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It's about this question:

How to respond to questions at family holiday gatherings without making the asker uncomfortable about my sexuality?

The comments there are already addressed, except for the location tag. Is that really all that's needed to get this reopened?

Or are people still falling over that last sentence, because it doesn't match the edited title any more?

So how do you navigate family holiday gatherings as a queer person?

Can it get reopened if we edit that sentence to reflect the question in the title?

It popped up in my Reopen Queue and I don't want to start a voting war. But without several comments (or one comment that's upvoted several times) it's pretty difficult to see what other people are thinking is wrong with this question...

Please explain your worries here, so they can hopefully be addressed to get the question reopened.

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I haven't seen the entire history of comments and close votes. However, without passing judgment on whether the question is too broad, I do see how people would see it as broad.

My overall suggestions would be:

  • removing/rewriting the "...navigate..." questions in the body
  • focusing the body from the beginning on how to respond to basic questions that are awkward to tiptoe around

There is really an enormous range of possible interactions as an LGBT+ person at a family gathering. Assuming there are some people who are somewhere in the range from disapproving to hostile, you can get any of these kinds of things, and more:

  • people avoiding you
  • people asking questions they shouldn't ask
  • people making "political" statements that indirectly criticize or harm you (maybe by accident, maybe deliberately)
  • people showing disapproval via facial expressions and body language
  • people directly passing judgment on you

There's some commonality, but they can't all be addressed exactly the same.

There are also a lot of pieces of context that can dramatically affect how everything plays out, and what kinds of responses are feasible:

  • what are the attitudes you'll encounter: are there any allies? reasonably neutral parties? openly anti-LGBT+ people?
  • are there people you're close to who might be able to help steer conversations or otherwise support you? or are you basically alone in this?
  • how large and flexible is the gathering: is it 10 people in a room, so you can't step away, or is it a few dozen spread out in a house so you can potentially excuse yourself, wander around, and stick more with the more tolerant people? (question says "large", unclear how large)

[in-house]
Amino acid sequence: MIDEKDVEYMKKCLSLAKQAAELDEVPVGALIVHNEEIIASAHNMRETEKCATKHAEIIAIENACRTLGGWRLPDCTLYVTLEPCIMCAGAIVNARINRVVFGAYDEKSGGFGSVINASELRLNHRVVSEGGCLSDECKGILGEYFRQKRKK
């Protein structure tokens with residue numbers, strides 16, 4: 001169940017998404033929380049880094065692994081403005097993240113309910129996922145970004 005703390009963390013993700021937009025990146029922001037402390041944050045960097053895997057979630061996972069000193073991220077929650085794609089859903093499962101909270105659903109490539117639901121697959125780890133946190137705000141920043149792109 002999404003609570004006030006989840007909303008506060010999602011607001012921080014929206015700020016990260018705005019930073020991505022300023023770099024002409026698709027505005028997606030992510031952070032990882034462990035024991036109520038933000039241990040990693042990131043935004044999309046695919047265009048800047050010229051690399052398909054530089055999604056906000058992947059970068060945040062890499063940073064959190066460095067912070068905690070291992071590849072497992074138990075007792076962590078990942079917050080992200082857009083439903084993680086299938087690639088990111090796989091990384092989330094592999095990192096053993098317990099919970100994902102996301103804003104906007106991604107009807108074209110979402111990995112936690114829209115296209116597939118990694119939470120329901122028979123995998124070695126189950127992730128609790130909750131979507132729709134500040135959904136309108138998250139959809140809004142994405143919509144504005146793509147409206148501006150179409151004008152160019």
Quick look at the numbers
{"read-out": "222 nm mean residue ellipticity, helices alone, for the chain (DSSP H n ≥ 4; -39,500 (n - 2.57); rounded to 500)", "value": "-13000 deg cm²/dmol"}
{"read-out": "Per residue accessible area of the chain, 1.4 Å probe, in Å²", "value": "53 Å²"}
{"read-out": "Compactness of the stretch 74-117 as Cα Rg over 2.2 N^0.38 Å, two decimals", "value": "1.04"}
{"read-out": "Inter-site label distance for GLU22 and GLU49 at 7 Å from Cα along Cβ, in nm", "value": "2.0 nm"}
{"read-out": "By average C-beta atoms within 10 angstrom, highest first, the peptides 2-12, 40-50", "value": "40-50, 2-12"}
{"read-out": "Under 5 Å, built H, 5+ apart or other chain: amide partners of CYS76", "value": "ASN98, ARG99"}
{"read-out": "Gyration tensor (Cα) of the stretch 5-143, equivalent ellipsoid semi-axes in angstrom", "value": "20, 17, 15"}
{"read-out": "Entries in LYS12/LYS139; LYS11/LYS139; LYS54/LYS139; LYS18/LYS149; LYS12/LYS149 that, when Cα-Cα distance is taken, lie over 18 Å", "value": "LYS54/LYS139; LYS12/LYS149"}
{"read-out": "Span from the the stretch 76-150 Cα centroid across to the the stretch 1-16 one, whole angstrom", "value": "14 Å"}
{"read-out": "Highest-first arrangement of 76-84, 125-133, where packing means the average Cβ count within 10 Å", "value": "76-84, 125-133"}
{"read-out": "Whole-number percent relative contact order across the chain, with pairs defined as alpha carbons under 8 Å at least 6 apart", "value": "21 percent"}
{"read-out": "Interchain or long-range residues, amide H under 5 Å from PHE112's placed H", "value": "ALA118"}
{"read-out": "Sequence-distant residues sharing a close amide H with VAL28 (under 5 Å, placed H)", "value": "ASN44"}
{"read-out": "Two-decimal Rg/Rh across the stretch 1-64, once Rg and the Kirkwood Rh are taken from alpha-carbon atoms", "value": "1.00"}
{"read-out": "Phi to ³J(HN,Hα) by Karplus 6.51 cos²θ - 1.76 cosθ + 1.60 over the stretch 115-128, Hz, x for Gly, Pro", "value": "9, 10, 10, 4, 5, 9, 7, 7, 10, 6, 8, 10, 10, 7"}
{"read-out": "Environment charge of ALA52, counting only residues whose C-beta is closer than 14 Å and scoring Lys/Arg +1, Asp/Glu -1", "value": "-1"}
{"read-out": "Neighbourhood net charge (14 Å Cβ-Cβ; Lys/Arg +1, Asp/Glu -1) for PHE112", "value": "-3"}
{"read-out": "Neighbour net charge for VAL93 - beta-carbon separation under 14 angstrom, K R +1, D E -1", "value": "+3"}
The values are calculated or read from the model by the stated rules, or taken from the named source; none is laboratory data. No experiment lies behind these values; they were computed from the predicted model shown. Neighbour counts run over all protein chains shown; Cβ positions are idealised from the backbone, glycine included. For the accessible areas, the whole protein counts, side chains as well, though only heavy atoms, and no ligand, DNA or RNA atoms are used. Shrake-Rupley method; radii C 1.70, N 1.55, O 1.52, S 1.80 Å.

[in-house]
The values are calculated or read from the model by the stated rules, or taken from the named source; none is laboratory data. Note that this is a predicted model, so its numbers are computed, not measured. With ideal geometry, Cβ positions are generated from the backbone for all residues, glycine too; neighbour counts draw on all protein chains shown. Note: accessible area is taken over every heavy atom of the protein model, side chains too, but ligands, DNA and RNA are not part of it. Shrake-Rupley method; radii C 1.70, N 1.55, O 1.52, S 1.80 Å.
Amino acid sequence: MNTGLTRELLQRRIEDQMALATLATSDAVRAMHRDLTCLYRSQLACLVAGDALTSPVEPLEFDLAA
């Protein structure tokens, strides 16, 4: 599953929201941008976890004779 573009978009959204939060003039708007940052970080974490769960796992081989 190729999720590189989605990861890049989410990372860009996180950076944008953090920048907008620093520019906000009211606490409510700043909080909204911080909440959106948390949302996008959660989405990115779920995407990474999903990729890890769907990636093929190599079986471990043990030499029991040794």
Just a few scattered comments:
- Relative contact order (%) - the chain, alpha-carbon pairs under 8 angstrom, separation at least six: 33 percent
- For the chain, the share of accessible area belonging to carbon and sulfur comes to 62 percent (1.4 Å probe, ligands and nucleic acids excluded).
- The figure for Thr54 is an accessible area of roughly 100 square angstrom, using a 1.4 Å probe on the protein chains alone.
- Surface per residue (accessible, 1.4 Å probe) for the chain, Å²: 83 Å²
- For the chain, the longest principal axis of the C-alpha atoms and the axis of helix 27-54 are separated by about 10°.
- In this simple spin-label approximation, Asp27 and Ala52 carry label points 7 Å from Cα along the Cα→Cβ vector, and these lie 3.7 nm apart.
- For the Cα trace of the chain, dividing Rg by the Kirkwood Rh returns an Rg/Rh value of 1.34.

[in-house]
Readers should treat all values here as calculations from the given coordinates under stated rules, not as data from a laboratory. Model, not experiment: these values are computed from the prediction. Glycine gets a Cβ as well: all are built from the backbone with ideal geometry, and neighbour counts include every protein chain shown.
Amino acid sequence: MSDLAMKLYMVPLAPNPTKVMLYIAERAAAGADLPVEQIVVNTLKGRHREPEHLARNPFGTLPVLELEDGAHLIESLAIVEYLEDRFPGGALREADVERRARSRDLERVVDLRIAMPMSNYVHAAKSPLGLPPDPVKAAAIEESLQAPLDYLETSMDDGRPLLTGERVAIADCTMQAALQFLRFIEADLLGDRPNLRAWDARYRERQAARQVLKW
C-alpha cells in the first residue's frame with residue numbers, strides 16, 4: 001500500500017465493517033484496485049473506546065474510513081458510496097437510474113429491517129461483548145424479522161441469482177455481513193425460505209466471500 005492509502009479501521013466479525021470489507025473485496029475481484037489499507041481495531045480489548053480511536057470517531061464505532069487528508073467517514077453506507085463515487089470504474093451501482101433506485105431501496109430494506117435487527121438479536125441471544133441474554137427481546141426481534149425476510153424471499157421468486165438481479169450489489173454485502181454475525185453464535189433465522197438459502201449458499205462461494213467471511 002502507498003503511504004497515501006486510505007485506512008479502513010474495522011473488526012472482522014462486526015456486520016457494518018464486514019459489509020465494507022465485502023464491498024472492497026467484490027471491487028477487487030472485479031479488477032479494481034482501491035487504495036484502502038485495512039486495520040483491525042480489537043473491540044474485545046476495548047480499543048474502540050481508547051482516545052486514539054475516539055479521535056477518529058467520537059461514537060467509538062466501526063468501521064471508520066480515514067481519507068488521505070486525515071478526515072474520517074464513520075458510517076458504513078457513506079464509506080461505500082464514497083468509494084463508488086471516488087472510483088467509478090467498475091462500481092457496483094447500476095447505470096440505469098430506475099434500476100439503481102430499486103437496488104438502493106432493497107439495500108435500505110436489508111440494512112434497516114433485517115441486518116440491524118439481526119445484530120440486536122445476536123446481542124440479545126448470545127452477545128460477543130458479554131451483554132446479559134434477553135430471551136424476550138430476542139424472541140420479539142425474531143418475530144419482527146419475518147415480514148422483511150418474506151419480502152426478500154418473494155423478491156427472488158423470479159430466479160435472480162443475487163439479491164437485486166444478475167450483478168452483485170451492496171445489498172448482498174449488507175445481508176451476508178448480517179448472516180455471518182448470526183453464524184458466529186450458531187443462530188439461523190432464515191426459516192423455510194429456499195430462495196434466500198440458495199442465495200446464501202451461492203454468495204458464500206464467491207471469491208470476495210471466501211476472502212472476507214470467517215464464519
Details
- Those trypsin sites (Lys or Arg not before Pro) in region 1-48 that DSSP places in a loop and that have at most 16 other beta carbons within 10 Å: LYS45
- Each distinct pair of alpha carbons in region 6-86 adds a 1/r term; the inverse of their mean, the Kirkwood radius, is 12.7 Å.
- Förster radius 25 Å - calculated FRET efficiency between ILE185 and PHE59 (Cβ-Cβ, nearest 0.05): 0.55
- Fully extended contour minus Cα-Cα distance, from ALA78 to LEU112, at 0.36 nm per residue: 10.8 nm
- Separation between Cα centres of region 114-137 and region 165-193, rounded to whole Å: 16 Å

• are these holiday-only people? are you worried about surviving the encounter, or maintaining ongoing relationships? (this one is addressed)

So I think the title comes across as a summary of a reasonably specific question. But the body doesn't do a lot to keep it narrow. It does mention basic social questions, in line with the title. But ultimately it asks twice "How do you navigate family holiday parties [...]?"

This is borne out by the answers. Jess K's answer very much picked on the "awkward questions" part of the question, but also ultimately relied on knowledge from a past question. Flater's mostly picked up on it too, but also noted that it was making an assumption ("If you mean uncomfortable as in..."). TheTinyMan's suggests one-on-one engagement before the event, and says the only way to address awkward questions is to be evasive, so it seems to be going a bit beyond just awkward questions. And so on and so on: some focus on awkward questions, some digression into general LGBT+ family interactions.

Given all that, I would say that whether or not the question is too broad, it could be improved and made less broad by focusing in on one specific aspect, as described way back at the top of this answer. That's not to say that other variations of LGBT+ family interactions questions aren't useful, just that on Stack Exchange it's best to ask a single reasonably-scoped question at a time.

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    Thanks for this answer. This pretty much sums my concern: "navigate" is a broad concept, and giving more specific situation will help narrow down what kind of answers that will be helpful. – Vylix Dec 1 '17 at 15:51

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